thefiq

My Friends vs. My Kids’ Friends

friendsMotherhood isn’t easythis we know. There are always challenges (sometimes, more than we can count) and part of what gets us through is our invaluable, irreplaceable girlfriends. When times are good, when times are tough, we rely on other moms to listen, comfort, or just make us laugh.

I lean heavily on my friends for support and feel fortunate to have connected with some amazing women who accept me and my three highly energetic kids. There is one particular friend I spend a good deal of time with—she is charming, fun, adventurous, and always up for outings. Several times a week, we head to a beach, park, or museum with our pack of kids in tow. We do things on weekends and over school vacations as well, when our hubbies are tied up with work.

Until recently, our mom friendship was flourishing without a hitch … and that’s when my kids started complaining. You see, my friend’s children are younger—one is in kindergarten, the other is a toddler. Apparently, to my 8-year-old twins, a toddler is dog years away (as if they were never that age), and while I admit traveling with a 3-or-under kid can be challenging, so is traveling with my second graders! Besides, the toddler isn’t the issue at all.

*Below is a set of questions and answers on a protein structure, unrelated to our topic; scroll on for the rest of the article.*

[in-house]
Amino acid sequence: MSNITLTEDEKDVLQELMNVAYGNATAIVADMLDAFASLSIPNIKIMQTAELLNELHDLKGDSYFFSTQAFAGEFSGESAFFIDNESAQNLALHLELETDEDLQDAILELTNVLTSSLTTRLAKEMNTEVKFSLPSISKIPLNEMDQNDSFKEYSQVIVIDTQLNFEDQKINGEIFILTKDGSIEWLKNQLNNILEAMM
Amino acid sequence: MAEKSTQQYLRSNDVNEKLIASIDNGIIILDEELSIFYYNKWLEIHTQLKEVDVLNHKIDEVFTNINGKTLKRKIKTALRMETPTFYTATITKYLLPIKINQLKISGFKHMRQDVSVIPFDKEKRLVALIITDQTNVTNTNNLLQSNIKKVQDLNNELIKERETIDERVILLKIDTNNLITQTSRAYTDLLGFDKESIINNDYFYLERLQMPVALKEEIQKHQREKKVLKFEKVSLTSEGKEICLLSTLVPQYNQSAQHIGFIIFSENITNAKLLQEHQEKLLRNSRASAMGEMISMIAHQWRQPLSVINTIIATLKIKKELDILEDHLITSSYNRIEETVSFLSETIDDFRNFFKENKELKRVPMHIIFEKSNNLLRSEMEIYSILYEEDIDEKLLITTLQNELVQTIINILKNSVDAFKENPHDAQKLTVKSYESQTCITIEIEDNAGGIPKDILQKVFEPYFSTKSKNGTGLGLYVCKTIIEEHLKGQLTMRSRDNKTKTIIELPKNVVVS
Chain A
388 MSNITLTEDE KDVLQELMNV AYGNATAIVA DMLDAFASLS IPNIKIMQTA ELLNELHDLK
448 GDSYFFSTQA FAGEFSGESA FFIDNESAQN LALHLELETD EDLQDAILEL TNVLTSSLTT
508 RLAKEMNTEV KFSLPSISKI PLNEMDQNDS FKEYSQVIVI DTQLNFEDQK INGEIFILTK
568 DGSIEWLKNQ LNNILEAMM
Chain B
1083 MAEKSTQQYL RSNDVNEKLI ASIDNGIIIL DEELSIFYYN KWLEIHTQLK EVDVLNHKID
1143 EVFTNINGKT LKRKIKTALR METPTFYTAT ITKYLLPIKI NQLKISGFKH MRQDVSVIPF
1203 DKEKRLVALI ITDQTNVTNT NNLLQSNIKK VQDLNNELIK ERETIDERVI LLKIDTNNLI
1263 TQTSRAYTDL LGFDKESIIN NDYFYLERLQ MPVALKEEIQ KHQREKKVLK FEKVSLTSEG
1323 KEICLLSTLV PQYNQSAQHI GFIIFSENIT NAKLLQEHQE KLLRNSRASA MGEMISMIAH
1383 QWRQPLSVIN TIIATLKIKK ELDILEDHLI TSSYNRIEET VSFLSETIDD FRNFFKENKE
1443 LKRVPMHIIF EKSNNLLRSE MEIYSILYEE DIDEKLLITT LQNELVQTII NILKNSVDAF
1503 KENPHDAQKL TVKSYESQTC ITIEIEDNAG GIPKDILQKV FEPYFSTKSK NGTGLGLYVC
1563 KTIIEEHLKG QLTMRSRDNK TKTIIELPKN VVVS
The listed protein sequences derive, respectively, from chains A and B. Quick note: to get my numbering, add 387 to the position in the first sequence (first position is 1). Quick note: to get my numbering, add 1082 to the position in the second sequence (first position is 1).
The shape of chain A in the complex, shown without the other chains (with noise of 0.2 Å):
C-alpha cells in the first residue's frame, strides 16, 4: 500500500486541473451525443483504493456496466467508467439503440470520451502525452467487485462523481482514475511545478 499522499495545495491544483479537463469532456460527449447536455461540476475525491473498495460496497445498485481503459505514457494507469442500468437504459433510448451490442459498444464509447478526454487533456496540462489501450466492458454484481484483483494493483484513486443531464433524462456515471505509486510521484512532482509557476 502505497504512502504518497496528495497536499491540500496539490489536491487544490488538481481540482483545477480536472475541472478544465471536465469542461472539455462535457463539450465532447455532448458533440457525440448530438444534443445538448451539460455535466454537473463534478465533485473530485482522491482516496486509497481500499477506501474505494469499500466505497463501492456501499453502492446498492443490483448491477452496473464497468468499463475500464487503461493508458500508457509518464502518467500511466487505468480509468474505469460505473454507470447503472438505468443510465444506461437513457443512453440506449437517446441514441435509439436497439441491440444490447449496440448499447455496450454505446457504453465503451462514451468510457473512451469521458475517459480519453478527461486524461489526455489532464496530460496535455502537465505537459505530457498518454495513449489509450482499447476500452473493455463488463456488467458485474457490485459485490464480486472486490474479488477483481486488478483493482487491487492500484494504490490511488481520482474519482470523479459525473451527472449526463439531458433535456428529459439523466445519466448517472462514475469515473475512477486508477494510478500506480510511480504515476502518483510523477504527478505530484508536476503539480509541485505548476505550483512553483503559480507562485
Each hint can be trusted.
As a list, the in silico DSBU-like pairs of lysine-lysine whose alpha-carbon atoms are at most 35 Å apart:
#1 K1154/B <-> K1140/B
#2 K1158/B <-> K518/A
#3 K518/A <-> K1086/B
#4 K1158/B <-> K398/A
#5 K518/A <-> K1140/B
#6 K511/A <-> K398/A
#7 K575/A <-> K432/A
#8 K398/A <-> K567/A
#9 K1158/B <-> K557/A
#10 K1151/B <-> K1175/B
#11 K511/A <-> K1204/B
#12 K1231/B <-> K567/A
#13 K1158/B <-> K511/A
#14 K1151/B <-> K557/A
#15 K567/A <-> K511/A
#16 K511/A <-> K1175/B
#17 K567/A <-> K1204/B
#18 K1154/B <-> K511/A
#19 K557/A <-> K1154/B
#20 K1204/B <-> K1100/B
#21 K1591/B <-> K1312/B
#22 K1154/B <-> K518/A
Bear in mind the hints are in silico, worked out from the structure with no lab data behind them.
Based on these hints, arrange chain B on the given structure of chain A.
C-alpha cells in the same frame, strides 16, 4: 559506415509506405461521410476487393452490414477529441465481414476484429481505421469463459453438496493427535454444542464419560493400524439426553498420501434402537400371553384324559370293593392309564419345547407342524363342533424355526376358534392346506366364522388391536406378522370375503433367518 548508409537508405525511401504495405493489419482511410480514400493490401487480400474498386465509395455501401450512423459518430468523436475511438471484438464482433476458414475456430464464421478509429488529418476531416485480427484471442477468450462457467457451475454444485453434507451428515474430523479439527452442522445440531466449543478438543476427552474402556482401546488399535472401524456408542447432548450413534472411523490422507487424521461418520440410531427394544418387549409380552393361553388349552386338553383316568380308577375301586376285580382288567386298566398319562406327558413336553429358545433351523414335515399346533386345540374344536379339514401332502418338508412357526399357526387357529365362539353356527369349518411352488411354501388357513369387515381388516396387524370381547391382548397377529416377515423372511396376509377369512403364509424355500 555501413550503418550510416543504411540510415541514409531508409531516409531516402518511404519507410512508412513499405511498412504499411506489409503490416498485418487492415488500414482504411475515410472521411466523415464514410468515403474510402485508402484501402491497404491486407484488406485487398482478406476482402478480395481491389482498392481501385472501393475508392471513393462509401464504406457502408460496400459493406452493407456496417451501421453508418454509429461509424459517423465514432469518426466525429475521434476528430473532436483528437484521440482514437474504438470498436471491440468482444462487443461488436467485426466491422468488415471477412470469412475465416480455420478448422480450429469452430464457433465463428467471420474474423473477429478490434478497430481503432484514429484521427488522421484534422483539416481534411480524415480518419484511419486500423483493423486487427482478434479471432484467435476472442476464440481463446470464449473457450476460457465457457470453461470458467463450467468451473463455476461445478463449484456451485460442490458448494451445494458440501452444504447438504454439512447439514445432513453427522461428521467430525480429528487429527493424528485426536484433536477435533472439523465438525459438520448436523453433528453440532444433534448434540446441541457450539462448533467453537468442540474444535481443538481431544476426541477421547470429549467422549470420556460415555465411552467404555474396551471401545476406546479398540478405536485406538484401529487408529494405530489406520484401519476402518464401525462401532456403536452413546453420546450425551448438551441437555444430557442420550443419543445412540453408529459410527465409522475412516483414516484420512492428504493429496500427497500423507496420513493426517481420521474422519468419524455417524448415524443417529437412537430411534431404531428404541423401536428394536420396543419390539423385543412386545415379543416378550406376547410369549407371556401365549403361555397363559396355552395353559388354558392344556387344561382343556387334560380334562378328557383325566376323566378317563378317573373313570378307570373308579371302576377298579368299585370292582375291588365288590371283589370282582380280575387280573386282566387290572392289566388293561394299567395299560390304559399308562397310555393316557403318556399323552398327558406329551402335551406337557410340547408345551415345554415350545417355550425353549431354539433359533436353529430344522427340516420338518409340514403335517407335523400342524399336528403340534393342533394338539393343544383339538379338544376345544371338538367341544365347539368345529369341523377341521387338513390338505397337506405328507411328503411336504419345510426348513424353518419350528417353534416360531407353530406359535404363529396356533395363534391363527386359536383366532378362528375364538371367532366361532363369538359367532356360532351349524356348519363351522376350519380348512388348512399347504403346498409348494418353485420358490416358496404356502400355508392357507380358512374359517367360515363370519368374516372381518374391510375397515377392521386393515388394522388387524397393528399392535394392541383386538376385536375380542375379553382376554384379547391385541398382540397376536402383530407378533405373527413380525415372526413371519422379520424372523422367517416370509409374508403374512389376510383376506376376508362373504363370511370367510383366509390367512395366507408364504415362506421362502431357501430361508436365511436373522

The real problem, as presented by my kids, is that we do too much with my friend and not enough with their friends. Recently, as we drove to meet up with said friend, my kids launched into a full-scale offensive. How come we always do stuff with your friend? We want playdates with our own friends! I opened my mouth to protest and then stopped because I realized … they might have a point. Part of me wanted to say “Hey, I deserve to spend time with my friends so deal with it!”—but another part knew their feelings were understandable and maybe even justified. Truth be told, I had gotten into a habit of planning our family activities based on whom I wanted to spend time with.

Later, I mentioned this to a few mom friends and was surprised to hear they had been handed the same guilt trip by their children … so maybe we’ve taught our kids a little too well to stick up for themselves? Seriously, I love that my kids fight for their rights—but it does beg the question: as moms, when should we be selfish and when should we be selfless? So much of our lives is spent doing doing doing for our kids that the impulse to do something for ourselves starts to become lost—and I am living proof that the moment you try to take back a little “me” time, you get busted by your kids!

Sometimes a mom just can’t win—but even when you’re losing the battle, remember: you have a right to have a life. I will continue to hang with my friend—because she is my friend. My kids will respect that—because they should. I will also attempt to balance our family calendar a bit more evenly and involve my kids in some of the decisions—because let’s face it, we are not just moms: we are crisis managers, world-class diplomats, and cruise directors all rolled into one.